The Globe, May 22, 2020, Online Edition
The Globe, April 23, 2007, Vol. 13, Issue 27.
A black and white photograph of two students in a classroom dissecting a small mammal.
The interactions between mothers and their offspring are vital for successful child-rearing. Due to the energy-intensive nature of reproducing and child-rearing, a mother Alouatta palliata, or mantled howler monkey, will protect the health and safety of her offspring. However, within three years, the offspring must obtain the skills to survive independently. Female A. palliata experiences a gestational period of approximately 180 days. Every two years, females give birth to one child. An infant A. palliata will nurse for the first 18 months of its life. I hypothesize that mothers will maintain closer proximity to infants than to juveniles. My research will be conducted in May 2022 at the La Selva Research Station in Costa Rica's north-eastern rainforests. The primary and secondary forests there create an ideal habitat for A. palliata. The adult A. palliata are primates weighing 4 to 5 kg and covered in black fur. Infants will be covered in gold or silver fur until their fur darkens when they reach sexual maturity at three years old. Data will be collected using instantaneous focal sampling in 10-second intervals that will alternate between mothers and offspring. I will distinguish between infant A. palliata, as those clinging to their mothers, and juveniles as those who nurse but transport themselves predominantly independently. A. palliata mothers will be distinguished by the act of nursing their offspring. I will study the methods applied by the mother, A. palliata, in the rearing of her offspring. I will record their proximity to one another and to others, distinguishing between physical contact, within 1 meter, 3 meters, or a distance greater than 3 meters. I will record their behaviors such as feeding, resting, traveling, and grooming. This data will be compared to data collected on other Alouatta species.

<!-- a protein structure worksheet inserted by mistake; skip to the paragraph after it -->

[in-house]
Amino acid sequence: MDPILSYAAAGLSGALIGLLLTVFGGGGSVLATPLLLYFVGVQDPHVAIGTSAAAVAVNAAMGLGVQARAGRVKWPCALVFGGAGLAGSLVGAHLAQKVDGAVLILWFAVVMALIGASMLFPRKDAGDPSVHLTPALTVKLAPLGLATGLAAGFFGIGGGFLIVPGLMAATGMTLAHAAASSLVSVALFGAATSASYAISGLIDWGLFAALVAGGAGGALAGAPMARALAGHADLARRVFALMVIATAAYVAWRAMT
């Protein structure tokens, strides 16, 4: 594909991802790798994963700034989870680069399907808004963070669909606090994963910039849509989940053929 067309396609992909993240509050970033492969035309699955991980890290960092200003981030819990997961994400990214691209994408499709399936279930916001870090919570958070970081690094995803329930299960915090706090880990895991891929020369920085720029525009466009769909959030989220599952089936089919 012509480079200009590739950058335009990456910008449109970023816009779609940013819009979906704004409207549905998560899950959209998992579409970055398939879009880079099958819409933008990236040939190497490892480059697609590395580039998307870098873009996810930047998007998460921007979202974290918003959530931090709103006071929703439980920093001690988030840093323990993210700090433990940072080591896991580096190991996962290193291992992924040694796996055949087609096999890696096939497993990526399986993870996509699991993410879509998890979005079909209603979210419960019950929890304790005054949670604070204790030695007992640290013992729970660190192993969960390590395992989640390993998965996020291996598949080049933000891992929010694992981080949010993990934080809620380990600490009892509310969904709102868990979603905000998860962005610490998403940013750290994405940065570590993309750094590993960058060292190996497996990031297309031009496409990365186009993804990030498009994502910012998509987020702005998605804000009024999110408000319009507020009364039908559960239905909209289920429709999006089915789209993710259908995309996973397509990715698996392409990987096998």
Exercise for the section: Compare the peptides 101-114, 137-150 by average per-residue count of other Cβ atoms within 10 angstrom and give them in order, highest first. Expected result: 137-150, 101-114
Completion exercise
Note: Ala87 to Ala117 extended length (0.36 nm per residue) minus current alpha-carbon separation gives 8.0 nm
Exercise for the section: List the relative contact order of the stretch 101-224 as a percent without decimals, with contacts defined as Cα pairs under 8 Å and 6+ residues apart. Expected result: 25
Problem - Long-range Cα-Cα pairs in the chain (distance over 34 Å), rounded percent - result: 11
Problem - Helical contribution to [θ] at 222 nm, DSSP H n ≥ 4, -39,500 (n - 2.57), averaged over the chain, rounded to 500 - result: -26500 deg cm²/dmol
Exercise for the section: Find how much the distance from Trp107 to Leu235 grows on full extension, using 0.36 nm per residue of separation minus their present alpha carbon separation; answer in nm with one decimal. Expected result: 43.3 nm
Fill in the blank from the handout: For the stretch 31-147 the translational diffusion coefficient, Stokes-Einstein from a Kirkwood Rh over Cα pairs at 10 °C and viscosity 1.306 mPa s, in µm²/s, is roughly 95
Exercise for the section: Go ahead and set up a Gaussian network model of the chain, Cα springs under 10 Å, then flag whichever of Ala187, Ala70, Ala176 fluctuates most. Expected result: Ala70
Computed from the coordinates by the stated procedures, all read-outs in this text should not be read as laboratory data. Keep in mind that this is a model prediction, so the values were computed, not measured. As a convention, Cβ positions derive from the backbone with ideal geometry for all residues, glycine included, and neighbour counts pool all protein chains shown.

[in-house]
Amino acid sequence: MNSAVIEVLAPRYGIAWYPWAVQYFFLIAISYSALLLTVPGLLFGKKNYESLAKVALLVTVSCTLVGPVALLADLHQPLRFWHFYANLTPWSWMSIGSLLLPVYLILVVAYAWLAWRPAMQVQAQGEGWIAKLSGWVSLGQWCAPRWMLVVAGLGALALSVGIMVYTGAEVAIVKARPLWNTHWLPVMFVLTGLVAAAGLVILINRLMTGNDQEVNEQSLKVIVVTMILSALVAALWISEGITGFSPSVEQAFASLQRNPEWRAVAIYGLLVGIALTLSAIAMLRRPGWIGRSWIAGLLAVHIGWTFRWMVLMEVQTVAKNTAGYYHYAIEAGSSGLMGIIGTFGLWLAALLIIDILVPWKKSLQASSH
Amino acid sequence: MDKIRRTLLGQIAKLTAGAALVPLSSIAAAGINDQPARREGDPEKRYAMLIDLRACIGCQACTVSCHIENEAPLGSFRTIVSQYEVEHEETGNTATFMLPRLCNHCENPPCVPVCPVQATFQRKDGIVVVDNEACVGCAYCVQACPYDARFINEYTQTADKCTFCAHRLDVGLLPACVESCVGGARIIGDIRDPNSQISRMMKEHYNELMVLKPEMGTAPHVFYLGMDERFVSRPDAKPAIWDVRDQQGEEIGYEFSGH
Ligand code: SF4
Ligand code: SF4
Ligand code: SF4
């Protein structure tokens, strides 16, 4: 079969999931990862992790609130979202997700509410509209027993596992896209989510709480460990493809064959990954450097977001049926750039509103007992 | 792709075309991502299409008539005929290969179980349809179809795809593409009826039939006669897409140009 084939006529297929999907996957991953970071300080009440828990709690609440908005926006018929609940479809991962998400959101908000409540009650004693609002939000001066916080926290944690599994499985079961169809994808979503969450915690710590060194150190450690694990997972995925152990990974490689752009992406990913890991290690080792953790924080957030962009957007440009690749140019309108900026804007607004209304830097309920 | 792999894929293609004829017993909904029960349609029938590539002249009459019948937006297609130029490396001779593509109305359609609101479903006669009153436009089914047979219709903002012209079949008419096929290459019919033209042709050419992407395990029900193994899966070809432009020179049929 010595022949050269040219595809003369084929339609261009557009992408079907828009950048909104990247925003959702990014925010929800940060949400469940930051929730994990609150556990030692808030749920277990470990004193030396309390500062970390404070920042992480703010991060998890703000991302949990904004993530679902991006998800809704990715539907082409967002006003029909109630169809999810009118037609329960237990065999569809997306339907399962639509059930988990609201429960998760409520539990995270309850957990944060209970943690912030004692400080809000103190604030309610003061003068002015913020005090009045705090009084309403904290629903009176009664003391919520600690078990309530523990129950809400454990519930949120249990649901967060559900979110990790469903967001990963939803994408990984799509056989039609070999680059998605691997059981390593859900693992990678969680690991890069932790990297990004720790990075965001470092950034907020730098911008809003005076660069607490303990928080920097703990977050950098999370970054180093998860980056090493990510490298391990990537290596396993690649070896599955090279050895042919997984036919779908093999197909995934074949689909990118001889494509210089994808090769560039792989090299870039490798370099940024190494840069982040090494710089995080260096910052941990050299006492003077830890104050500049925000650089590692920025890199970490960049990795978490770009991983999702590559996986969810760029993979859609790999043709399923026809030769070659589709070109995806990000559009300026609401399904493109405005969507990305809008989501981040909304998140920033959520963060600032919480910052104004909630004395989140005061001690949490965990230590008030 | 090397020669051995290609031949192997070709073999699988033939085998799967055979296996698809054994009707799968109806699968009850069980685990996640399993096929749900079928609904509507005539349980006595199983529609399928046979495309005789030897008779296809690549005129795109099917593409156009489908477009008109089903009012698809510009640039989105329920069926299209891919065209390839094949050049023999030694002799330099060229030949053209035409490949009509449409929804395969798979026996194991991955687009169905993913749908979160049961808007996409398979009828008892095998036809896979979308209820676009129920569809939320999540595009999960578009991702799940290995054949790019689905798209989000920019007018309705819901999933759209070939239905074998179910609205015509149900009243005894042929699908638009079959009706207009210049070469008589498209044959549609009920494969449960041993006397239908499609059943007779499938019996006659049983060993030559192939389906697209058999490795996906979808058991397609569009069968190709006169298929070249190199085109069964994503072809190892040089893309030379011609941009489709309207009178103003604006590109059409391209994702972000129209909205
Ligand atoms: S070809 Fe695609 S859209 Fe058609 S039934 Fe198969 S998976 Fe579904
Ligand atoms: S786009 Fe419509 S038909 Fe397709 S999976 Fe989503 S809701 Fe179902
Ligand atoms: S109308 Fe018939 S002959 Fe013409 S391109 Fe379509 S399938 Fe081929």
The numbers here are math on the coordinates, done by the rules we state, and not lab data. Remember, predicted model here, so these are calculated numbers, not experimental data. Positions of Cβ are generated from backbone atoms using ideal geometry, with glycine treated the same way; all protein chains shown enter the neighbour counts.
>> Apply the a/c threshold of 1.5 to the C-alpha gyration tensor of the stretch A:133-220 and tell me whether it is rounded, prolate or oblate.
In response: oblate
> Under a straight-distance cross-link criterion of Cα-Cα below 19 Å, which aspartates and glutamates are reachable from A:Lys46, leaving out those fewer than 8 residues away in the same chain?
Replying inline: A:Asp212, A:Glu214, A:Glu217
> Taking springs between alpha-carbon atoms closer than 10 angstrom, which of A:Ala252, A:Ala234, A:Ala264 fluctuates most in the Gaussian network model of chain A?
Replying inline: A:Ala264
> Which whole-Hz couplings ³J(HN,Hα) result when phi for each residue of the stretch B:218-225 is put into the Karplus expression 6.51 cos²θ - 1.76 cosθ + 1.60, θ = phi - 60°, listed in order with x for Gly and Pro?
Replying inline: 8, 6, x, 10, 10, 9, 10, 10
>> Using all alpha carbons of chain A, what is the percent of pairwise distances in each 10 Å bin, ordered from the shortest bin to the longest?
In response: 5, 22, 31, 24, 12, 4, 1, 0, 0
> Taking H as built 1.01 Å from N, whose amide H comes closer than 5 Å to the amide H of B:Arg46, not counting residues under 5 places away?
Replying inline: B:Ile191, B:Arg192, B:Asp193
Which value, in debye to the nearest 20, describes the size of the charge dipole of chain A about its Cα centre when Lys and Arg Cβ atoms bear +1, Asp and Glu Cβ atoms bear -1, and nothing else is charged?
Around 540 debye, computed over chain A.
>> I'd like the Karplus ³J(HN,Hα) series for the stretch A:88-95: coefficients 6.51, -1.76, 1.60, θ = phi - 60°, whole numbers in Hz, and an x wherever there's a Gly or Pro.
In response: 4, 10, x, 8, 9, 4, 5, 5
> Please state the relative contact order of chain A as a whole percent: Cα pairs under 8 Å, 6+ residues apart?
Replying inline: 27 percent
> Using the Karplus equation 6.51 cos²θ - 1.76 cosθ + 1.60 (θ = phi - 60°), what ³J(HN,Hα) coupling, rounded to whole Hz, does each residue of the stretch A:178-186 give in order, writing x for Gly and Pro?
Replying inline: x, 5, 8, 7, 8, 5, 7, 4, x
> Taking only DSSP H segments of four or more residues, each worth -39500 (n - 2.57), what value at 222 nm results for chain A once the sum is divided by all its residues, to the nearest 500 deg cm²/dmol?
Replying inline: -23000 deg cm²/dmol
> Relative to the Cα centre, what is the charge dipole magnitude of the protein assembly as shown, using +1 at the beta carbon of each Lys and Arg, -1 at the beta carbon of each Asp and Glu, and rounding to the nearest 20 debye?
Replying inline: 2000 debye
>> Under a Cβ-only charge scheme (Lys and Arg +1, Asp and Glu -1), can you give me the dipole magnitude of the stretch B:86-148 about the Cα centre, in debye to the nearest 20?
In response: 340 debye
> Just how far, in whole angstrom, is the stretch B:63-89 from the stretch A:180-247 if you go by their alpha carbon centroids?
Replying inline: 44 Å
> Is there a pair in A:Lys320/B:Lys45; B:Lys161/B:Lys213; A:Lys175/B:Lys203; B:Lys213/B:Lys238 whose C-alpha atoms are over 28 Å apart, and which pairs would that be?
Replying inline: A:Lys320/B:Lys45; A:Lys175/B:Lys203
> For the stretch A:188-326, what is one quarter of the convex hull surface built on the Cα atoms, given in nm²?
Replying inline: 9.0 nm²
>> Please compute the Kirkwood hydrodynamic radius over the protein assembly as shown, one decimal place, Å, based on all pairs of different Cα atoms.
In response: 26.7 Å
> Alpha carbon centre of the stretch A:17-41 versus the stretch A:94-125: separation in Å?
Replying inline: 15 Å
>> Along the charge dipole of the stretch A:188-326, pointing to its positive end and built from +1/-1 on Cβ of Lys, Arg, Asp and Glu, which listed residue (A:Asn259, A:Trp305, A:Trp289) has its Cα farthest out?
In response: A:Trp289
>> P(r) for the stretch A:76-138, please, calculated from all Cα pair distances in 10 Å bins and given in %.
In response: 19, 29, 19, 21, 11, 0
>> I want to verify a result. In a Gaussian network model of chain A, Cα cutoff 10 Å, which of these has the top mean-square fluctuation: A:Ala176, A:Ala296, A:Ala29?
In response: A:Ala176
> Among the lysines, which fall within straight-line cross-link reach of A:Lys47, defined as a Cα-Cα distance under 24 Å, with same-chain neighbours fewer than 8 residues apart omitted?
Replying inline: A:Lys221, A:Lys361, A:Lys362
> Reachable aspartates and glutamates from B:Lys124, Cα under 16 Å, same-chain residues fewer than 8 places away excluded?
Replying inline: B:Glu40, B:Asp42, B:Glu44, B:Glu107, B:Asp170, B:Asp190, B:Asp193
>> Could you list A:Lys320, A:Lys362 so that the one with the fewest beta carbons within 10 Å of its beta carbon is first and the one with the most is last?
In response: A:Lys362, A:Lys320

Taphonomy is the study of the processes that impact skeletal remains between the time of death and retrieval by forensic investigators. There are many different animals that will scavenge skeletal remains for food and minerals. By gnawing on the bones, carnivores and rodents will leave different types of indentations/marks on the bone. By studying these patterns of marks, we may be able to determine what animals were responsible, and thereby infer important information, such as if the remains were moved or left exposed. Ultimately, this helps us to reconstruct what happened to an individual's remains within forensic investigations. divorce. The implications for research, practice, and policy are discussed.
The proposed research question, Is Animal Therapy Effective for Mood Disorder Recovery? will be used to provoke research and analysis into whether animal therapy truly is effective for mood disorder recovery. Studies were included where an animal was involved intentionally as therapy. Studies were also included that compared results of those with control groups, as well as pre-post one-group design. The results also showed that those waiting for a service animal and those who already had a service animal held very large variations between the two, though traditional psychotherapy interventions were statistically slightly less as effective as service animal therapy. Ultimately, the presence of animal-assisted therapy maintains benefits that can seem to slightly outweigh other psychotherapies, such as psychodynamic and cognitive behavioral therapy. This is a call for more future studies of the relief animal therapy can have on those with mood disorders; however promising the research has been so far, it is strongly noted that more needs to be done.